1.)SMB
2.)TDS
3.)whatever the hell goes on with Exchange
4.)remote desktop
5.)MSN
6.)the rest

Blogs = Documentation? (1)

flanders123 (871781) | more than 4 years ago | (#26575899)

One of things I noticed when I started developing with Microsoft products (around 2003) was the strong community. You could usually find the answer to a technical question in a blog or forum or search engine query. .Net developer forums are generally helpful and not snarky, by my experience.

My theory is MS management caught wind of this to the tune of: "Wow, all these do-gooders are documenting our products for us for FREE!!!...why should we pay employees to do this!???".

...Now I consistently see incomplete and buggy API documentation in newer MS products (Commerce Server, and Sharepoint, if you must know).

Re:Blogs = Documentation? (1)

The Moof (859402) | more than 4 years ago | (#26576971)

Yea, those are all fine and dandy if you're writing Windows apps that use MS protocols. However, I don't imagine they'd be too helpful if you popped up saying "I'm writing an open source alternative of (Microsoft Technology). (Section) of the protocol is a little unclear, could you specify in more detail?"

Why don't they release the docs *they* use? (3, Funny)

Prototerm (762512) | more than 4 years ago | (#26575929)

They're in text files with a ".h" or a ".c" extension, right?

Oh, wait.

Math (1)

pete-classic (75983) | more than 4 years ago | (#26576779)

That's 464 bugs in a month. Eight hundred people can't close 464 bugs?

-Peter

Re:Math (1)

xenolion (1371363) | more than 4 years ago | (#26577527)

well it would depend on what the bug is, take a look at how long it takes them to fix some of the bugs that have been released, and if they just slap a patch out does it break something else. To me it makes sense that they get 464 bugs a month from their os's. just look at all the different types of hardware configs and software out there, to me I think that number is really low. And i know I'm going to get a troll status on this and a *nux users going to say thats why they have a crappy os, *nix has it fair share of bugs, just not as documents and ordered by a court to see all of them.

Re:Math (1)

0123456 (636235) | more than 4 years ago | (#26577675)

"Eight hundred people can't close 464 bugs?"

Not when they don't know how their code works either :).

Non Informative Article (1)

JavaManJim (946878) | more than 4 years ago | (#26576841)

Three day old bird SNARGE (look it up) is more interesting than this article. I have several points I would like to gripe about regarding Microsoft's technical help. But this article fails to be specific. Tech Net or MS Dev Net? What MS web sites? So I am not going to feed the Information Week rumor monster. I think that's an article designed to get information from unsuspecting slashdot and other users.

Good bye, hrumpfh!
Jim

How honest are their numbers? (1)

GameMaster (148118) | more than 4 years ago | (#26577381)

The question is, how honest is their 800 number? What percentage of those 800 are non-technical administrative employees? How many managers has MS included in that number even though they don't, directly, contribute to the work? How many of the technical people are only able to apply a token amount of time to the process because they are shared with other projects? I would be interested in knowing how the courts are monitoring their numbers (if at all). Just because the number sounds high doesn't mean it's a true gauge of how much effort they're putting in.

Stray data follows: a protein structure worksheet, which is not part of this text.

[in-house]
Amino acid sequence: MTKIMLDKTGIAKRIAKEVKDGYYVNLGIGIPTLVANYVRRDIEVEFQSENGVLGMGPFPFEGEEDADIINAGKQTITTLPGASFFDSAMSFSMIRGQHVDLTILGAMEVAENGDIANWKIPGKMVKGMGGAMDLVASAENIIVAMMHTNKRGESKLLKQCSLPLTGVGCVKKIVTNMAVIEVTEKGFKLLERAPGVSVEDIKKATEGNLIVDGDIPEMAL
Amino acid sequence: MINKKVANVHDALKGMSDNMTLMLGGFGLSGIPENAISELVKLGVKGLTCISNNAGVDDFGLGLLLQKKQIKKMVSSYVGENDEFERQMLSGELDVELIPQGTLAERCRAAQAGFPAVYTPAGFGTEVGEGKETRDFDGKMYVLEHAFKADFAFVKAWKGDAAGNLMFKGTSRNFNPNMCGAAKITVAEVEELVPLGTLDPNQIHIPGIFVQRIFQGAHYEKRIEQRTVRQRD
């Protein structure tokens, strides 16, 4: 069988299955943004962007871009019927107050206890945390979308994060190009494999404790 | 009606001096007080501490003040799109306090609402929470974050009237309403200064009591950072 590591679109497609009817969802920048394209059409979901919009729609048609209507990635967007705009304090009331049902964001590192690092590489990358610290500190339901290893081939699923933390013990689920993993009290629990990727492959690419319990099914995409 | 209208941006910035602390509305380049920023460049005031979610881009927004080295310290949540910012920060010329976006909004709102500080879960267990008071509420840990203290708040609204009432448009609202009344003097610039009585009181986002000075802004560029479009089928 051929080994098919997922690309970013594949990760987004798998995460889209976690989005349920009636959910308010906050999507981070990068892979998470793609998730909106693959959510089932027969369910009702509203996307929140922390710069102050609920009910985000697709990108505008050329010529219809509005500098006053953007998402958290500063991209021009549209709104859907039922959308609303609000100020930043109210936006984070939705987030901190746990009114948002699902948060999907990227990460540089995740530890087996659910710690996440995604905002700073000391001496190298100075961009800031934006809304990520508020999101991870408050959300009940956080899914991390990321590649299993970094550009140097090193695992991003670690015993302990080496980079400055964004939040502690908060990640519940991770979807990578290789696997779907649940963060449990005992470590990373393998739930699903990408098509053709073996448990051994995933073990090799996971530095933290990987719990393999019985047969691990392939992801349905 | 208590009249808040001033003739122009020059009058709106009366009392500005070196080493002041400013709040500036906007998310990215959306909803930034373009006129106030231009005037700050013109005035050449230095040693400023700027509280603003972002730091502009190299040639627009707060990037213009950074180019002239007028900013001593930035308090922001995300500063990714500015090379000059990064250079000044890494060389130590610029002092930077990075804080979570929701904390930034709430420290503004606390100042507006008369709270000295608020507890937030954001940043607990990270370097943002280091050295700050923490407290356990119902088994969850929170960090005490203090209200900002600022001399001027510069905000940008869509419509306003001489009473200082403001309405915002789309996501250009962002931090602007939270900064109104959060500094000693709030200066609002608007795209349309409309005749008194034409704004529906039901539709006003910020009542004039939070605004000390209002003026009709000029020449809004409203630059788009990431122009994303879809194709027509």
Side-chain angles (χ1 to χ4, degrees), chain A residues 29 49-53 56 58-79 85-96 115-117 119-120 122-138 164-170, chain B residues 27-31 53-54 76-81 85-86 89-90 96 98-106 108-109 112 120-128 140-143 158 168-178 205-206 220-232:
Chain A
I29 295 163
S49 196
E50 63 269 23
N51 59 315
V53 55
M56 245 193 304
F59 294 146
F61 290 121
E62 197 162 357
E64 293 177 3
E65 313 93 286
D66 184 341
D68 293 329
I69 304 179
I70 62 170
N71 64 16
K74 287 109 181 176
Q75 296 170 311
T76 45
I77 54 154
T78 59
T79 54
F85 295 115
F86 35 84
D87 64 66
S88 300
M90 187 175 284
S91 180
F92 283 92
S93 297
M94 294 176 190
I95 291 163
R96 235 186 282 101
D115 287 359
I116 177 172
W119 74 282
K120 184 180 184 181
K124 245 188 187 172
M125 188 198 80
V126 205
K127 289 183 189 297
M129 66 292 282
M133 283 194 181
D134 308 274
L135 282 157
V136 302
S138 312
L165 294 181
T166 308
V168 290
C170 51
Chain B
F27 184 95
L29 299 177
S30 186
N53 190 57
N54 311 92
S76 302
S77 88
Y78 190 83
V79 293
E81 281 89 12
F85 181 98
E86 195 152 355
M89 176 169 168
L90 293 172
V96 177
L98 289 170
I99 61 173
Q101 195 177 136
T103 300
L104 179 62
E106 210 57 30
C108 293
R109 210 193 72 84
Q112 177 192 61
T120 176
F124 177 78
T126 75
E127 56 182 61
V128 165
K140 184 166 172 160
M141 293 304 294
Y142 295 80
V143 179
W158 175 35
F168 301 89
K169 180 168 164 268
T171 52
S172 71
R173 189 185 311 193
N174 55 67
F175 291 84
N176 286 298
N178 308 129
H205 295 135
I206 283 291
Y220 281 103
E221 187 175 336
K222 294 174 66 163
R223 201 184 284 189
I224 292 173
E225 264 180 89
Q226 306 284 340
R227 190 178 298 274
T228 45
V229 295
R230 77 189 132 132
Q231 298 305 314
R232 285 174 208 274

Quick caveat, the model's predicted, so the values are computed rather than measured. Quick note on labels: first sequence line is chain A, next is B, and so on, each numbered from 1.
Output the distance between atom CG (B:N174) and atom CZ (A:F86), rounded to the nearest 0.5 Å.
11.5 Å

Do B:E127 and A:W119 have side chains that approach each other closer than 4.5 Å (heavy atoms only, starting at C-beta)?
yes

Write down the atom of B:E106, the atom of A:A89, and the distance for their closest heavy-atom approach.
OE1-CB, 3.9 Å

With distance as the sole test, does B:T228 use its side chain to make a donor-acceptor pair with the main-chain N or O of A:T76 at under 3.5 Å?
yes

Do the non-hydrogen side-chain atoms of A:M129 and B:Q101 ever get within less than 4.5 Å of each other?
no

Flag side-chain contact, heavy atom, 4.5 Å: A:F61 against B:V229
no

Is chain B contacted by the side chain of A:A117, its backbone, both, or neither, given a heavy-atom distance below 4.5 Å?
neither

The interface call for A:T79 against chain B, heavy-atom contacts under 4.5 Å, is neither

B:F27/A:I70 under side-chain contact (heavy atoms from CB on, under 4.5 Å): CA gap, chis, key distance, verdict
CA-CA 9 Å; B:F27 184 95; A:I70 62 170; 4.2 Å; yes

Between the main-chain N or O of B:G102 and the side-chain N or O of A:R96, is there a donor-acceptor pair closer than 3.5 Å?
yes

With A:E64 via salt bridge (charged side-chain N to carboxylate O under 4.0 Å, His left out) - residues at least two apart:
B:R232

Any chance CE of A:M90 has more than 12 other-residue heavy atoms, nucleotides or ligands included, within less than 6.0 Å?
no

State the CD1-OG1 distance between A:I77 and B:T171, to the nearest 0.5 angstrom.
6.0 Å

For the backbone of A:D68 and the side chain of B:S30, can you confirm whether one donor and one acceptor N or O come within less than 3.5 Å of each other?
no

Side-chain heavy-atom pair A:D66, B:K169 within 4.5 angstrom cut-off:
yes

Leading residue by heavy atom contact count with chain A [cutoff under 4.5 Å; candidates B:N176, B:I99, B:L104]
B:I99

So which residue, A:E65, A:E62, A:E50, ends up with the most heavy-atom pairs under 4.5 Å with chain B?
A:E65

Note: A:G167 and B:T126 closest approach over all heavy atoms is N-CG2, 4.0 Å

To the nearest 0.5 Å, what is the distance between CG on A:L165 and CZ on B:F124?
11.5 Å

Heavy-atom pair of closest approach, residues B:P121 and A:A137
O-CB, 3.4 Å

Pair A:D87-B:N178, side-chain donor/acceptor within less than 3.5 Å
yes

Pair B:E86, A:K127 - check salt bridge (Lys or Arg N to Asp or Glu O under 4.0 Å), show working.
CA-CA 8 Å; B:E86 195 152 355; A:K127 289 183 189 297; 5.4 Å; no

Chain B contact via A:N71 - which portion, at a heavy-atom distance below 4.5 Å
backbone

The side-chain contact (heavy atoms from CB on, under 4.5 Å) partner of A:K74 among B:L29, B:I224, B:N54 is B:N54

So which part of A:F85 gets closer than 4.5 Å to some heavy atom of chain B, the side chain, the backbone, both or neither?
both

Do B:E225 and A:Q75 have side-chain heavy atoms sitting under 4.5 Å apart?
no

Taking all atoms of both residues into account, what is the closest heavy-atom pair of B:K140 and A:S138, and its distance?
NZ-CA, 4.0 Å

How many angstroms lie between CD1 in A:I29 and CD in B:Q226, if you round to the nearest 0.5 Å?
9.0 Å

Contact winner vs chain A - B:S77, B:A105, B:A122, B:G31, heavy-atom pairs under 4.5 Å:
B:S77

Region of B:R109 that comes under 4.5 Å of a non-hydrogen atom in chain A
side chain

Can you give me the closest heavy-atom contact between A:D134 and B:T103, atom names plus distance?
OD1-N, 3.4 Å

If Docs are Neglected, Management is to Blame (0)

Anonymous Coward | more than 4 years ago | (#26578479)

The general consensus is that documentation is not that important; getting the product out the door so you can generate cashflow is. In effect, the belief is that documentation doesn't pay the bills.

The problem is exacerbated by code monkeys who see documentation as unimportant. They know what they're doing,so who cares. But that's no the real problem.

The fact is that docs should be an integral part of development and where that policy is enforced, the future becomes happier for everyone. But it requires discipline and commitment from management in particular because they are the ones responsible for the mess we are in because they have the power to change the situation.

A friend is in charge of maintaining the code base for a call center. When he began enforcing a requirement to document as you code and made it a priority, life was better for all concerned, so it can be done,

Ineffective (0)

Anonymous Coward | more than 4 years ago | (#26578569)

So, let me get this straight, you have 800 people working on correcting 20,000 pages of documentation. That works out to 25 pages per person. I'm not sure how long they've been "working" on this but it seems that they are at best ineffective.

If you only review one page a week, even taking into account an astronomical 1/2 of the people "working" on this as managers who do absolutely nothing, this should be cleared up well within the time frame that this has been going on.

In related news... (0)

Anonymous Coward | more than 4 years ago | (#26578619)

In related news, nearly 800 Microsoft employees working on technical documentation were among the 5,000 layed off yesterday.